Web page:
On the other hand, some companies impose English-only rules because they feel that having two languages in the workplace causes problems. This can be appropriate sometimes, says Jana Howard Carey, partner and immediate past chair of the labor and employment law department at Venable, Baetjer & Howard in Baltimore, Md., and co-author of the Society for Human Resource Management’s white paper "Beware the Native Tongue: National Origin and English-Only Rules."
"The most common reason for such a rule is when supervisors and employees have difficulty communicating in the same language," says Carey.
Carey adds that an English-only restriction may be appropriate under these circumstances because there’s a business reason for it, but that "the EEOC [Equal Employment Opportunity Commission] frowns at restricting language beyond work situations."
LaCalle points out that English-only rules are difficult for some Hispanics who slip into Spanish casually. "To say, ‘We’re going to discipline you for this’ is like saying, ‘We’re going to discipline you when you hiccup.’"
This may be an issue for which sensitivity training is needed on both sides. Hispanics may consider it no big deal to slip into Spanish, but Anglos often find it rude. As one Anglo employee says, "You can be with a group, sharing a conversation, and all of a sudden, two Hispanics turn to each other and start speaking Spanish. That just strikes me as deliberately exclusionary and rude. If they have something that private to say, why not wait until later?"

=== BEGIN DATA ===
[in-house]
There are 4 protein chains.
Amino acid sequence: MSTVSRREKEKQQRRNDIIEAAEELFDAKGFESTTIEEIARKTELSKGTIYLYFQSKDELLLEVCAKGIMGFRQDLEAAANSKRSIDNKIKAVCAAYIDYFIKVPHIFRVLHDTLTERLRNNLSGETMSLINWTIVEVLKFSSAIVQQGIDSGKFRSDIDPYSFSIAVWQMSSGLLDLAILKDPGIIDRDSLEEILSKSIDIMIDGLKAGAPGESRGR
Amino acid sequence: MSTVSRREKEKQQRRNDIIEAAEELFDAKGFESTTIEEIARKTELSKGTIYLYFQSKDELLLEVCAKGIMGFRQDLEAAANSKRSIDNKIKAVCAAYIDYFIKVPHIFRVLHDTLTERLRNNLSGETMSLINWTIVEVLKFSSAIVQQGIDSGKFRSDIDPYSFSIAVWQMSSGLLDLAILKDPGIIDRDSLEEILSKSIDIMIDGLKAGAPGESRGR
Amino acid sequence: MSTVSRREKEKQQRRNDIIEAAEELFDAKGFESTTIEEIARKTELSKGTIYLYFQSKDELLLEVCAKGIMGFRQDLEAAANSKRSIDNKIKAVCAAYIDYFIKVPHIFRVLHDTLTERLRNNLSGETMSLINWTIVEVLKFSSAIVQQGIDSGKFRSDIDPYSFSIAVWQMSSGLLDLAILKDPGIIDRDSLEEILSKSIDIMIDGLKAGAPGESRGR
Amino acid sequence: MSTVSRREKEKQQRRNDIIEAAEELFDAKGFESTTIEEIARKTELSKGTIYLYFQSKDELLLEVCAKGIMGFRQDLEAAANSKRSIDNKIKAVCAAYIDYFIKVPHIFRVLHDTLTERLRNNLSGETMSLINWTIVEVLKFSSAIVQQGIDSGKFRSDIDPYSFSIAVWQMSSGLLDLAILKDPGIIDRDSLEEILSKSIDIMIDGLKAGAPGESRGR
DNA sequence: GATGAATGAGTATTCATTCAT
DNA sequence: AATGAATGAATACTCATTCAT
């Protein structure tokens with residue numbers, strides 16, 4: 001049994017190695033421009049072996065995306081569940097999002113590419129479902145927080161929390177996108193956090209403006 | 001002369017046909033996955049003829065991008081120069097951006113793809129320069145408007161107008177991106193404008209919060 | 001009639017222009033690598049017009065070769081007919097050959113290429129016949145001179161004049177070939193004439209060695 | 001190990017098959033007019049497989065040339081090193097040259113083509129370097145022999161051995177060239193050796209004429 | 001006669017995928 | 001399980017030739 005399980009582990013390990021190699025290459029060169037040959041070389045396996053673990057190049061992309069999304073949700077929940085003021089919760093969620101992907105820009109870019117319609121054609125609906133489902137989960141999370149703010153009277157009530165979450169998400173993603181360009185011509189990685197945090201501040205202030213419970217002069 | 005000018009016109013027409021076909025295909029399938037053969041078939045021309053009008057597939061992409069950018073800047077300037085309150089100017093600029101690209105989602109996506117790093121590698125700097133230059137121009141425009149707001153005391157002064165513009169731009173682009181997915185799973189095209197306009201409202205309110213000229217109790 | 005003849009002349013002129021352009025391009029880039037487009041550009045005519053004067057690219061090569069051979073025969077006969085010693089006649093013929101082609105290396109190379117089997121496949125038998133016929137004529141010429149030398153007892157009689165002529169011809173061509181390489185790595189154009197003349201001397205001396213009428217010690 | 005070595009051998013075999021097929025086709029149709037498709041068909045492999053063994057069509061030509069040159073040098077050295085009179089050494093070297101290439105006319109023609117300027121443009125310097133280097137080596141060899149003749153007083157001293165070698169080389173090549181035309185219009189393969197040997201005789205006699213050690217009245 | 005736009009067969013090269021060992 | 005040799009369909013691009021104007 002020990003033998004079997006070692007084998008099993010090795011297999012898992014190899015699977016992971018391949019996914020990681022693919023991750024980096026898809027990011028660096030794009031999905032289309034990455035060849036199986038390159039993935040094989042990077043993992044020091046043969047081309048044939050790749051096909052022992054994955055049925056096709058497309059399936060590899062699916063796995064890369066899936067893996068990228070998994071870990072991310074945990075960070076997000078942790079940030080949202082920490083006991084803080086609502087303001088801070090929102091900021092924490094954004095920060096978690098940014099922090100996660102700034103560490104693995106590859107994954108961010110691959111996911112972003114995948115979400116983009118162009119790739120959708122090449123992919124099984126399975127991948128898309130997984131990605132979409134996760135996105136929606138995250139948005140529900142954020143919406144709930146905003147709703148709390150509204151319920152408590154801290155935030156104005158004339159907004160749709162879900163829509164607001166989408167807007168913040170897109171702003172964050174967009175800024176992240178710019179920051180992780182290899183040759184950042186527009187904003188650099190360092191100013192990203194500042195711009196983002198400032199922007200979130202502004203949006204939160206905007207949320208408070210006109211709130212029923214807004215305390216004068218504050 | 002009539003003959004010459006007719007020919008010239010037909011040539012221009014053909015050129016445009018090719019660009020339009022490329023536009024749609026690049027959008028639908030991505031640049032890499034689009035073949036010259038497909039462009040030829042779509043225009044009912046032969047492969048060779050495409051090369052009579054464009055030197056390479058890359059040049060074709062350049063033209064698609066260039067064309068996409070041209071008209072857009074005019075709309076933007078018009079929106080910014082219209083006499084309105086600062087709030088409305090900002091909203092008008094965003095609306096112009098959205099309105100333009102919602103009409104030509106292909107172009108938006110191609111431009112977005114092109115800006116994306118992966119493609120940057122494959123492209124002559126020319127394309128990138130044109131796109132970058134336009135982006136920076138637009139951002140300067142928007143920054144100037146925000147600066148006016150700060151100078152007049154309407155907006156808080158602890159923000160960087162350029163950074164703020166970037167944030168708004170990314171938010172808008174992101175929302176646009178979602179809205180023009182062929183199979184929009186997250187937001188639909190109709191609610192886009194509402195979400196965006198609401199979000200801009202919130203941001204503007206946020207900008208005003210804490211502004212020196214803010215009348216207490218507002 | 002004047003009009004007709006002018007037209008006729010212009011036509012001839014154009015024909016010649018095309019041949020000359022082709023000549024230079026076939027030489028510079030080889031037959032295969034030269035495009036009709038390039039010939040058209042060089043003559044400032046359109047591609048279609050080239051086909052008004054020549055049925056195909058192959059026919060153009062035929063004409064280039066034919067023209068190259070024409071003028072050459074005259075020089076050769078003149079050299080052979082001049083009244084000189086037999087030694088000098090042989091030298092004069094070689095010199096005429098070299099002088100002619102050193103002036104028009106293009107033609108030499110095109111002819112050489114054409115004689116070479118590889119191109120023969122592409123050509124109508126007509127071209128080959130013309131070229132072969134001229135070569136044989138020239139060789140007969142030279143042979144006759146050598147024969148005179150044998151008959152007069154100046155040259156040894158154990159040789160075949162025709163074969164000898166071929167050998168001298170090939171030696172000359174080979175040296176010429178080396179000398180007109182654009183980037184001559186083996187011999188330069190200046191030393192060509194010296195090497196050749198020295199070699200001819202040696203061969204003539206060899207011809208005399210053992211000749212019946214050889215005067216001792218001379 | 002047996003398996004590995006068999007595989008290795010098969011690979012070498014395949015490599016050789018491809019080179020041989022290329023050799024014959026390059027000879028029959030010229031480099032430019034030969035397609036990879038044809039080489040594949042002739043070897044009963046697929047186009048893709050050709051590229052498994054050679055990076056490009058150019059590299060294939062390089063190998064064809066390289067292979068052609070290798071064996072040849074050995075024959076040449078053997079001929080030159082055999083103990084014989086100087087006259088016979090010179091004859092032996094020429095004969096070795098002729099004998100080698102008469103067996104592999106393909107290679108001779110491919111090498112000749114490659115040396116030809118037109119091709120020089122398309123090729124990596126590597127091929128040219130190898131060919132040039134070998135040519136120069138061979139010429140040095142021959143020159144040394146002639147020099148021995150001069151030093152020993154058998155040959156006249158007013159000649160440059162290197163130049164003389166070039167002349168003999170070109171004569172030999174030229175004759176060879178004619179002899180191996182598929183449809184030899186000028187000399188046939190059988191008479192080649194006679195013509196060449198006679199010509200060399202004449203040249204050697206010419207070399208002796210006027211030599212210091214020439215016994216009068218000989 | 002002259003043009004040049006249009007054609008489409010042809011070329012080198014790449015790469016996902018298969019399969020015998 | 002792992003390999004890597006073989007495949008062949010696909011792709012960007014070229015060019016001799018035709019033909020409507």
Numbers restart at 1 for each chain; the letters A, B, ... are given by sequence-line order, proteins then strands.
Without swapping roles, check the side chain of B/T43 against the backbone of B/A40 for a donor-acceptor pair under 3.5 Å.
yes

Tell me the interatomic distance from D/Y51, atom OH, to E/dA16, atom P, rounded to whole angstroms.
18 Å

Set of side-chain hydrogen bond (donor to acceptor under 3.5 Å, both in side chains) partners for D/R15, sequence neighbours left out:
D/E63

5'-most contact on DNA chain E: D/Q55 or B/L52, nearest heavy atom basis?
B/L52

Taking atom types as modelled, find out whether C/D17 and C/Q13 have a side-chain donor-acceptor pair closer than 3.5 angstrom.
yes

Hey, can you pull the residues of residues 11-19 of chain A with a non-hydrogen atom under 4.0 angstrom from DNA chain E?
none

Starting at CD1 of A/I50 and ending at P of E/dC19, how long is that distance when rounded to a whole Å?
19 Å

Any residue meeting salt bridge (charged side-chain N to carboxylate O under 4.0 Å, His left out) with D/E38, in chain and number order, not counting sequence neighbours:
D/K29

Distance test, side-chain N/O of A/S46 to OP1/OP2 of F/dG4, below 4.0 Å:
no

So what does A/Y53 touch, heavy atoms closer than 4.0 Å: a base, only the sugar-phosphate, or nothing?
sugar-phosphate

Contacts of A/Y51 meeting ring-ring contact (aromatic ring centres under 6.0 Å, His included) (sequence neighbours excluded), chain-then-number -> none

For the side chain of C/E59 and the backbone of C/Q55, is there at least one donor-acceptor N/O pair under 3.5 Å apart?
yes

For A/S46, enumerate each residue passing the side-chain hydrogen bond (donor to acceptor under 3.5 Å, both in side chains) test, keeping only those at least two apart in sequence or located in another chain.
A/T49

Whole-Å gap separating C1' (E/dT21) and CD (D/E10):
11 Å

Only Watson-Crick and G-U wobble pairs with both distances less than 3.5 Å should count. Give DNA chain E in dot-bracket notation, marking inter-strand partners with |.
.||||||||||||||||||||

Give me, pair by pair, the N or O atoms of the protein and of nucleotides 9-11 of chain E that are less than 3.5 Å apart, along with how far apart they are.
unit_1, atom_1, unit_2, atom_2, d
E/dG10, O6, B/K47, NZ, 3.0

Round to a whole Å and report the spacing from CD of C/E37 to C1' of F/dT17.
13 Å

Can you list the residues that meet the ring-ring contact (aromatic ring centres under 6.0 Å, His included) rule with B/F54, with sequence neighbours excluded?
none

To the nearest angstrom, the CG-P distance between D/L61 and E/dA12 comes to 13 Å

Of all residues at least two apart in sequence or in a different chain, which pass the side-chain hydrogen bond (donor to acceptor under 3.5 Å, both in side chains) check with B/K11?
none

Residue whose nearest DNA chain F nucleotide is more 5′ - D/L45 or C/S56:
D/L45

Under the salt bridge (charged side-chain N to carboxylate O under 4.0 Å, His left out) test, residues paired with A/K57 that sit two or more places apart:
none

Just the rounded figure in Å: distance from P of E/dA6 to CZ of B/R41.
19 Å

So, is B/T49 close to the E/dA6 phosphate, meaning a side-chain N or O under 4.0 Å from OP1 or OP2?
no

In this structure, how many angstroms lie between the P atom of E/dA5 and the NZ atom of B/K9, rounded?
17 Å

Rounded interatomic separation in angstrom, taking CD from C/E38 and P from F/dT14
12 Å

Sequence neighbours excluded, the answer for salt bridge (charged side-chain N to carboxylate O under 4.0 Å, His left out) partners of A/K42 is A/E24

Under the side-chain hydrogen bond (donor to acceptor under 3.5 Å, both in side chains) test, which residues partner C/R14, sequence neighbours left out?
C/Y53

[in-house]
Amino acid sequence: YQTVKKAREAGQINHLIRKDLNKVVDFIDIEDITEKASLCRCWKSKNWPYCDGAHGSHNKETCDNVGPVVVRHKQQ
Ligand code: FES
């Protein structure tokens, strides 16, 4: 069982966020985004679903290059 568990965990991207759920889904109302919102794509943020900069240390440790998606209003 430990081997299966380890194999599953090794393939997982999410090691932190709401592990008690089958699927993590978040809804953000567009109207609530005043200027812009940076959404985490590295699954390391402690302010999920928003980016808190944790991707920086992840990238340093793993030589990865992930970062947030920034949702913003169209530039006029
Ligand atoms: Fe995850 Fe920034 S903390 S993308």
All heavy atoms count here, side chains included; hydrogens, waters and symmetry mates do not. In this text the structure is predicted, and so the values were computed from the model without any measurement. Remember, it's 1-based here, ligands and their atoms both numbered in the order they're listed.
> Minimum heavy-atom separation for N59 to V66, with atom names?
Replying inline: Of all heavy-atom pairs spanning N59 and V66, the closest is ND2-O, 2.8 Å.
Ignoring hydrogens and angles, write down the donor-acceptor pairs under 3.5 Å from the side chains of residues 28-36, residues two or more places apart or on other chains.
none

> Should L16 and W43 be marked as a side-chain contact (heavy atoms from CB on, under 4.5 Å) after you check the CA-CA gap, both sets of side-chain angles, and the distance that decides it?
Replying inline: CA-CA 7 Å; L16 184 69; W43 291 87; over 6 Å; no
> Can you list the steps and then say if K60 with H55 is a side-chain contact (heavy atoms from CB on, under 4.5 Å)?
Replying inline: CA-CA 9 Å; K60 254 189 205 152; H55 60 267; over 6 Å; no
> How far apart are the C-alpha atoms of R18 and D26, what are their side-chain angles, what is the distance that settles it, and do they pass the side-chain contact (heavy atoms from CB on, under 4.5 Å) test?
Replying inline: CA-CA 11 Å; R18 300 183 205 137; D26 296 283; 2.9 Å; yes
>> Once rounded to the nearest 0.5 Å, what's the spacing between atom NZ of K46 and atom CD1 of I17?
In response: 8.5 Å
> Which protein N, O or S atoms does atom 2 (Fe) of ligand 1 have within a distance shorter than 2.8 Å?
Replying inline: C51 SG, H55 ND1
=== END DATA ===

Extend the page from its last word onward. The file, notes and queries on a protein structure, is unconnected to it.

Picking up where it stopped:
English-only rules also may put up barriers to advancement for employees who don’t speak English as a first language. "No good HR manager wants a situation where people are restrained from becoming the best employee they can be," says Carey. "If you do impose such a rule, find ways to help the folks who won’t do so well." (For more information on English-only rules, see the Legal Trends column in the September issue of HR Magazine.)
Recruitment, Development And Retention
Companies that use Spanish-speaking recruiters, advertise in Spanish-language periodicals and develop relationships with Hispanic organizations and schools that Hispanics attend will find it easier to attract good candidates. Many Hispanics, however, find jobs through networks of friends and family, so current Hispanic employees are a good place to start.
Shawn Mood, director of recruiting services at Plantation, Fla.-based LatPro.com, a leading electronic job board for Spanish-speaking professionals, says that "Hispanics in general don’t respond well to ‘cool’ or trendy tactics." He says that ads using words like "young, dynamic, entrepreneurial" tend not to attract Hispanic candidates. In addition, trendy come-ons such as "define your own job" and flat organizational structures where everyone has the same job title also are not a draw.